A shark-eating killer whale skeleton made its debut in Prince Rupert over the weekend at the 2nd annual North Coast Ecology Centre Society Whale Festival.
Children had the opportunity to piece together the whale, bone by bone, from inside the Prince Rupert Convention Centre on May 11.
The two-day festival started on Saturday, featured an opening ceremony performance by the Northern Lights Dancers, a chance for the kids to build a whale and the Chowder and Dance Party fundraiser on Saturday evening.
On Sunday, mothers watch a free screening of the “Humpback Whale Documentary” narrated by two-time Golden Globe nominee Ewan McGregor.
Festival co-organizers Karina Dracott and Caitlin Birdsall said there had been a good turnout for the event and that it was great to see so many people and families come out to learn about whale bones and skeletons.
Michelle Segal and Cierra Hart of Strawberry Isle Marine Research society travelled from Tofino and were on hand for the Build-a-Whale interactive program, helping children learn all about killer whales.
The Build-A-Whale program aims to educate participants about marine biology, anatomy, evolutionary science and conservation, and provides hands-on learning experiences, from interactive displays and stands to a full-size killer whale skeleton that children build.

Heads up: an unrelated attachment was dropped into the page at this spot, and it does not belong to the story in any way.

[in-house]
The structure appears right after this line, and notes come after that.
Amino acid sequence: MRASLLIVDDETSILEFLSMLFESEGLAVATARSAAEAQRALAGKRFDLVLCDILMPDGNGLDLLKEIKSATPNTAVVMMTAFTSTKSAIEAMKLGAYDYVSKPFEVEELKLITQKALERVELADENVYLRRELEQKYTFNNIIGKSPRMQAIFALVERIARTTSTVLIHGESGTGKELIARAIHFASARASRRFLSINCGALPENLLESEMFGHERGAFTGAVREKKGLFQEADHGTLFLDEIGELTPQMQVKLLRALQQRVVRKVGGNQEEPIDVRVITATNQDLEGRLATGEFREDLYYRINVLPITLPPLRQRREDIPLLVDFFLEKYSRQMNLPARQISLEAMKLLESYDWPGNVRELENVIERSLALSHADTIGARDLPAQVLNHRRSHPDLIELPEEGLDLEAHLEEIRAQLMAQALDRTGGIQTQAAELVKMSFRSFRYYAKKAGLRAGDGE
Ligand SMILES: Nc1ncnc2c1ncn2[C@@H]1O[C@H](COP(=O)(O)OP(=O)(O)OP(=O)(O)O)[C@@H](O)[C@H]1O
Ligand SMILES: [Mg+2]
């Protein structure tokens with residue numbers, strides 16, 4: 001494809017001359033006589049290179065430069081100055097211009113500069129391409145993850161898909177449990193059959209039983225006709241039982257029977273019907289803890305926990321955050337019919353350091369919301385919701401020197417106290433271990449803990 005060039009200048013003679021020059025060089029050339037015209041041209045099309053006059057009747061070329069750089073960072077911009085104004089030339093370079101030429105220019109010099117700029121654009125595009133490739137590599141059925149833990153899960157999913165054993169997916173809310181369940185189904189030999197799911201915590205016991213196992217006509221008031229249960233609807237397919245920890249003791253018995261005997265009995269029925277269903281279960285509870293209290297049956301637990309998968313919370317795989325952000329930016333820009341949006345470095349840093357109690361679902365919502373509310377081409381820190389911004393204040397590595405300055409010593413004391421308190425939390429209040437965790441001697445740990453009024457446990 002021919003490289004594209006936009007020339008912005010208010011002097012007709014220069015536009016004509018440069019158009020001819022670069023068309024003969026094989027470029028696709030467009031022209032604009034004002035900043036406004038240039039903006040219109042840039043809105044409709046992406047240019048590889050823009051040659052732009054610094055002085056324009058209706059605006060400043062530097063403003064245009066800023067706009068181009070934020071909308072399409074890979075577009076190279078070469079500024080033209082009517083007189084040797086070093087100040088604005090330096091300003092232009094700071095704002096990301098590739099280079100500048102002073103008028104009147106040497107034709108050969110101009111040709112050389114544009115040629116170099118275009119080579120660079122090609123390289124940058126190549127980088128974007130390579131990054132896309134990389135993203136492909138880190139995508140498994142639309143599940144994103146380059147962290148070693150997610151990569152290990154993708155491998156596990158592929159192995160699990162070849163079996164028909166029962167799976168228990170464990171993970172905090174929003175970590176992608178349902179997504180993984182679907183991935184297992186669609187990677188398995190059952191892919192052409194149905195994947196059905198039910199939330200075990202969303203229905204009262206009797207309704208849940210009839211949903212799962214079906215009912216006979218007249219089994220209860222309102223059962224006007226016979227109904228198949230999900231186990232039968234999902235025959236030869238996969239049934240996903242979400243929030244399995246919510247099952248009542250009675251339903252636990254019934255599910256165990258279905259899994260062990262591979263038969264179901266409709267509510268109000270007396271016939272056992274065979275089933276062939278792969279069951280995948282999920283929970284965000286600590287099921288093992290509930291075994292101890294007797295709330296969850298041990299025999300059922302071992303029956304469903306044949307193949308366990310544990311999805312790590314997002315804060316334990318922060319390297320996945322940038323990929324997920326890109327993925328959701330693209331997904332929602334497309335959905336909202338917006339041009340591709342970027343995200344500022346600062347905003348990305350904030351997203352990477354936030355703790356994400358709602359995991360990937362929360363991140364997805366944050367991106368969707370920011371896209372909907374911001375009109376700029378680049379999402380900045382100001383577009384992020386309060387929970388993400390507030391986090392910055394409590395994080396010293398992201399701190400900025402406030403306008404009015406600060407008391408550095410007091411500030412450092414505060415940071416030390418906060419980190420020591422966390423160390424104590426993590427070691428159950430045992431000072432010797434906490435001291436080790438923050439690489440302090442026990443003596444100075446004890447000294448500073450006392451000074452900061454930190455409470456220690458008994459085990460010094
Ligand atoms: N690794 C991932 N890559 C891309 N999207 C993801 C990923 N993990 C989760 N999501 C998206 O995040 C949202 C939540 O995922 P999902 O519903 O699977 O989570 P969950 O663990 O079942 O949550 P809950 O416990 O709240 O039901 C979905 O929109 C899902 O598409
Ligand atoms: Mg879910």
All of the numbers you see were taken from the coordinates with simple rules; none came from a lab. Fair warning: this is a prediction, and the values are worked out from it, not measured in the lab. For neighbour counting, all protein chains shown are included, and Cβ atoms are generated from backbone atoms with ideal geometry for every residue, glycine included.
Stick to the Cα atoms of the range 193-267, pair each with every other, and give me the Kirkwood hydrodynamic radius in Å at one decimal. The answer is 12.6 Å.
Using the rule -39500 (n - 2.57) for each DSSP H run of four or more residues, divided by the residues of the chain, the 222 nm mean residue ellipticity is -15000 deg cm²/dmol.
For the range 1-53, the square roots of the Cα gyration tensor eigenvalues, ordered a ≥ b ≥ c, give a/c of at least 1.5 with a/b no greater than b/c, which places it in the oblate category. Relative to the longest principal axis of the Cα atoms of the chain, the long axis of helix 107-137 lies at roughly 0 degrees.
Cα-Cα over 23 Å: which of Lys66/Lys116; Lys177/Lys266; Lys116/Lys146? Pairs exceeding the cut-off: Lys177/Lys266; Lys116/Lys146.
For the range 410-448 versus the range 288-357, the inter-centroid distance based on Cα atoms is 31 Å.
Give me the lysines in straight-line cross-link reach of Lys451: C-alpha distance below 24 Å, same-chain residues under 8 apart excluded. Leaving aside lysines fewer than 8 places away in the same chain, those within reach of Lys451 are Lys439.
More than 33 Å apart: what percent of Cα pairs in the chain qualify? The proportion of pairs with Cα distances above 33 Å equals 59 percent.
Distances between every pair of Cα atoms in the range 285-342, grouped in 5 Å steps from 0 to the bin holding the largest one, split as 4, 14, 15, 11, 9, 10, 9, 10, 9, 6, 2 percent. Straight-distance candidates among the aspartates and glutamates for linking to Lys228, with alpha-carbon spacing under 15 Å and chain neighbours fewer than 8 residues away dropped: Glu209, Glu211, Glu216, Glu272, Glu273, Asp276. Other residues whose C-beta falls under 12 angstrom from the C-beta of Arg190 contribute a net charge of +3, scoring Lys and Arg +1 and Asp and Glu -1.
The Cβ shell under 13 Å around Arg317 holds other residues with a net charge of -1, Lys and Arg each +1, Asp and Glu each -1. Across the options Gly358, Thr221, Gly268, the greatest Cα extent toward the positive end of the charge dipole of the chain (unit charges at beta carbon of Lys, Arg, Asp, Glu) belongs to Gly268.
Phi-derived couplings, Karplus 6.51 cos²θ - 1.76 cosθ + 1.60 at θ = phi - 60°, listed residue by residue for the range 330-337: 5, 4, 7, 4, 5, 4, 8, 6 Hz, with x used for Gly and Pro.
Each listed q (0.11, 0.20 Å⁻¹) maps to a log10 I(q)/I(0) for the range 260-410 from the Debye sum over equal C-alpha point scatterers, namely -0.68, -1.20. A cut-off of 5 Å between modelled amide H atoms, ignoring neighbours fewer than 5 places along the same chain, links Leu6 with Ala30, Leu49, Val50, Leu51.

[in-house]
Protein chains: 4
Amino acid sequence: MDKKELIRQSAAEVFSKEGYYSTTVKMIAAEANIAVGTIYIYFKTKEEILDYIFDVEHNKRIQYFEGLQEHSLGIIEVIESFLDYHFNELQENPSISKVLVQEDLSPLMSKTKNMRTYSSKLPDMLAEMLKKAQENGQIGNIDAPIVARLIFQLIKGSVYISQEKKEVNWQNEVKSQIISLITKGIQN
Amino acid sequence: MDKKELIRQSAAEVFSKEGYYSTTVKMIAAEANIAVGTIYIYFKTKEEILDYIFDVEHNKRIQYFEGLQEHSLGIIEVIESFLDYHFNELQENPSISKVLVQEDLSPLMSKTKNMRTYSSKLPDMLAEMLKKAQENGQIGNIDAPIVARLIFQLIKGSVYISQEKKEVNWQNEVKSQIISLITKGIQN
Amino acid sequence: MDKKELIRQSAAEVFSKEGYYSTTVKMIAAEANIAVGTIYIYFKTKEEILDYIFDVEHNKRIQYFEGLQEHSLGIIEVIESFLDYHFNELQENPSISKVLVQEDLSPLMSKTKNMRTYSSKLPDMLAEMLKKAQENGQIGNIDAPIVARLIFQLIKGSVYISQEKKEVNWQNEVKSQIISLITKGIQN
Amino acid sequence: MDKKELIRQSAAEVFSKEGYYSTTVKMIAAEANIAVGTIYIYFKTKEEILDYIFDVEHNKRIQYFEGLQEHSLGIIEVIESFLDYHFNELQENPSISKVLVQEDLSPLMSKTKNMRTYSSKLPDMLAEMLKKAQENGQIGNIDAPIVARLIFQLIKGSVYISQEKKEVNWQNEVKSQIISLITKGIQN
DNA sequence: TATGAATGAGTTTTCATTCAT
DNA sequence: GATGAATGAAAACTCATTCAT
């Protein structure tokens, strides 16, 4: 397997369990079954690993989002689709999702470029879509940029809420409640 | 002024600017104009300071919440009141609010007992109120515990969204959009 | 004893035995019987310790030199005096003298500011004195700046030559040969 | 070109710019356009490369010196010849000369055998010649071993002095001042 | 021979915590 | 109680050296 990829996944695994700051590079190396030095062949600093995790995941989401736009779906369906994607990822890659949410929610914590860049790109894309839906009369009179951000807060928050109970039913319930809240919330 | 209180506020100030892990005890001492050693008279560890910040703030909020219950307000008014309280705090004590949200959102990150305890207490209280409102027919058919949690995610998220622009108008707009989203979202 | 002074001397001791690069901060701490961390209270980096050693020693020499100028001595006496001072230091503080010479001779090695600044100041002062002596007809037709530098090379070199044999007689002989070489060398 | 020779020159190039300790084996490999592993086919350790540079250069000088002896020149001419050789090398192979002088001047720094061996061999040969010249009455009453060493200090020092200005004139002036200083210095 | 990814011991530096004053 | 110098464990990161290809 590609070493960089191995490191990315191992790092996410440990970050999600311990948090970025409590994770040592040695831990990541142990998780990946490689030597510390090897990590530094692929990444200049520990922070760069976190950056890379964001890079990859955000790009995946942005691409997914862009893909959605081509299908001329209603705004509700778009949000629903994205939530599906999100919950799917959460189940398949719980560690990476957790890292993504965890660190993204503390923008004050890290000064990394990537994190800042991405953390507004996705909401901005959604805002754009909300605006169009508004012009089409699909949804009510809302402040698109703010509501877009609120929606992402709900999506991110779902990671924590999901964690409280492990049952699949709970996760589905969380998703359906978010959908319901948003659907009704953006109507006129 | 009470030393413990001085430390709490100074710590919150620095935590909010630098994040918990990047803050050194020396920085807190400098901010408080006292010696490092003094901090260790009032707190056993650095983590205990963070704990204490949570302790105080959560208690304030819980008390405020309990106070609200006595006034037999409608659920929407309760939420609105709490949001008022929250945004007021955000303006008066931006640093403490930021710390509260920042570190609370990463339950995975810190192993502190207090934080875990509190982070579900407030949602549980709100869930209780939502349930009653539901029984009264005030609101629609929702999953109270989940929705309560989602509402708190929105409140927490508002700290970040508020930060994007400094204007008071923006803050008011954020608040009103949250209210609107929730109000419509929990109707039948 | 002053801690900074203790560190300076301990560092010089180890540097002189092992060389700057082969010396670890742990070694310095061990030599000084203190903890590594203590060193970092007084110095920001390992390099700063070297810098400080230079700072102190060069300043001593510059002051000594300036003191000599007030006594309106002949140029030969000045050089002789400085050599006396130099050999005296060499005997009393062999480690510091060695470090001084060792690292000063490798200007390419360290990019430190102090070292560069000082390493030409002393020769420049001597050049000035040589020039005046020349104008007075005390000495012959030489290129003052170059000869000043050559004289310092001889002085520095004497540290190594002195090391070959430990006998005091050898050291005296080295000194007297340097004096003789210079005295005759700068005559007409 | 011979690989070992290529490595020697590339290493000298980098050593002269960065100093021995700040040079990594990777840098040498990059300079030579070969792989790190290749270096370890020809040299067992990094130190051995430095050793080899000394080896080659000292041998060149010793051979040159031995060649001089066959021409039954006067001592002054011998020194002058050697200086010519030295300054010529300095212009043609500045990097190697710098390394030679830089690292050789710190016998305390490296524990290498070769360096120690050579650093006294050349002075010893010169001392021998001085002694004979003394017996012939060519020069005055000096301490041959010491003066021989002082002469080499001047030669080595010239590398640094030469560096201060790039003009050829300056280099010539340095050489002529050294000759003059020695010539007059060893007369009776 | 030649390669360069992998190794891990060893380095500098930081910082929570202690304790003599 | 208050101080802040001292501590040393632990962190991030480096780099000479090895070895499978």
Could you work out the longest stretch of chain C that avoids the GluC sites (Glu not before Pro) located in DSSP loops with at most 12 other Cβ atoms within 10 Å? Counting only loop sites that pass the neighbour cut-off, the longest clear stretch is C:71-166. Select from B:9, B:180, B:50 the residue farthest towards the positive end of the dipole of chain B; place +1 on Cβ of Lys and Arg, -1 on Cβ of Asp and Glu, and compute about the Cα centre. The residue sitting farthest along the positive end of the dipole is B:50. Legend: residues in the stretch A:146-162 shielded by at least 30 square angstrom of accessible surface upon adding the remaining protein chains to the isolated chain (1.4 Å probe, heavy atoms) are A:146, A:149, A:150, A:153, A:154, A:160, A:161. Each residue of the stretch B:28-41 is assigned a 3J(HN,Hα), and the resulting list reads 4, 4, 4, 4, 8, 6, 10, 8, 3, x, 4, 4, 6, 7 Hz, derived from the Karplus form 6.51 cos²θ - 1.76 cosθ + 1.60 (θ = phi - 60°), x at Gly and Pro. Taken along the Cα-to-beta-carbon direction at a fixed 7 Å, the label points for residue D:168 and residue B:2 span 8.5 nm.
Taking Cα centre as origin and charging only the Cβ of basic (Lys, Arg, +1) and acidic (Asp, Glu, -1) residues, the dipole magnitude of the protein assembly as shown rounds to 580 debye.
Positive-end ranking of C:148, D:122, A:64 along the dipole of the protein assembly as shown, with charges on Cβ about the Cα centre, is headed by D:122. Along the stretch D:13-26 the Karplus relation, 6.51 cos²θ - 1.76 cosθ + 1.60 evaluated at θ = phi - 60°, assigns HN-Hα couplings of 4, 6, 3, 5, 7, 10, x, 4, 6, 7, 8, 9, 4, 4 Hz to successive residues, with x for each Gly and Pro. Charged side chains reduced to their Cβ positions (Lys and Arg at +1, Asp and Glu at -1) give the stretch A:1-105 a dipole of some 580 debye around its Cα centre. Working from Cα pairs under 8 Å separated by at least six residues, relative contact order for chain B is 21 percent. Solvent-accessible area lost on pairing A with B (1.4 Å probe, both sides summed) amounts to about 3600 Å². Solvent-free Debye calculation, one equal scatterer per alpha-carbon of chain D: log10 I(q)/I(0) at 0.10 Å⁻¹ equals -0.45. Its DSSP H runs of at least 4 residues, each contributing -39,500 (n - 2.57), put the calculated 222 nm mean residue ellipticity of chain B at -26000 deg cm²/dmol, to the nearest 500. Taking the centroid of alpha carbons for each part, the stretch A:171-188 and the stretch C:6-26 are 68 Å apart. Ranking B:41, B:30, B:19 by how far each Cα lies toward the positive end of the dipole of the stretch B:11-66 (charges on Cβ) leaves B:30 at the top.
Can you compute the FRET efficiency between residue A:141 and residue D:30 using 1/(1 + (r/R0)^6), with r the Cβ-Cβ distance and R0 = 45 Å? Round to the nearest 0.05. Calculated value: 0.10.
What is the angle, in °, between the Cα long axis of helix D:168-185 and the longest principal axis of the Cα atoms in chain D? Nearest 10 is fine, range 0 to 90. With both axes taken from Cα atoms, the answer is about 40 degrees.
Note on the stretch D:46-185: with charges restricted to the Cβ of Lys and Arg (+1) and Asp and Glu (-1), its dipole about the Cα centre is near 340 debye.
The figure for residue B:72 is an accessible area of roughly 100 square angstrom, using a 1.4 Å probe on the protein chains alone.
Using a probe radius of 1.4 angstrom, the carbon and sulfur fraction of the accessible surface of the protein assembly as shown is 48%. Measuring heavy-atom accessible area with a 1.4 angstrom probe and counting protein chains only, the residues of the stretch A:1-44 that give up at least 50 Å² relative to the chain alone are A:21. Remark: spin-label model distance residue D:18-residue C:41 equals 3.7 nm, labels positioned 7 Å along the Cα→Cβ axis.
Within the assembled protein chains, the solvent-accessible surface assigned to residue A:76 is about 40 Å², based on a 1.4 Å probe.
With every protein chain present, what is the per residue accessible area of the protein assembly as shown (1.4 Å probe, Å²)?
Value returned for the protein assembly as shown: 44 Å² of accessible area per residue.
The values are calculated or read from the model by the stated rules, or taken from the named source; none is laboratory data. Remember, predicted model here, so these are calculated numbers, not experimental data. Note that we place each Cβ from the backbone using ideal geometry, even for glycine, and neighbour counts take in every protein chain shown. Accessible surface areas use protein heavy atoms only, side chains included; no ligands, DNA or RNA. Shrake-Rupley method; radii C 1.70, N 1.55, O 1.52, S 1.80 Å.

Segal said that the sense of collaboration and comradery had blown her away. “I am so happy that we were invited here to the Whale Festival by the North Coast Ecology Centre Society,” Segal said.
The killer whale was found in 1997 in Tofino, where researchers performed a necropsy, studied and then preserved the bones. Segal said they discovered it was a shark-eating killer whale, which is rare. After Whale Fest, the Strawberry Isle Marine Research Society will be travelling with the skeleton across communities and schools in the northwest.
Fisheries and Ocean Canada (DFO) field supervisor Clarence Nelson, who attended the event along with fishery officers Jesse Risto and Katriona Day, said the event was very well organized.
“It’s great to see professionals from the area sharing the same goal; public awareness and education,” Nelson said.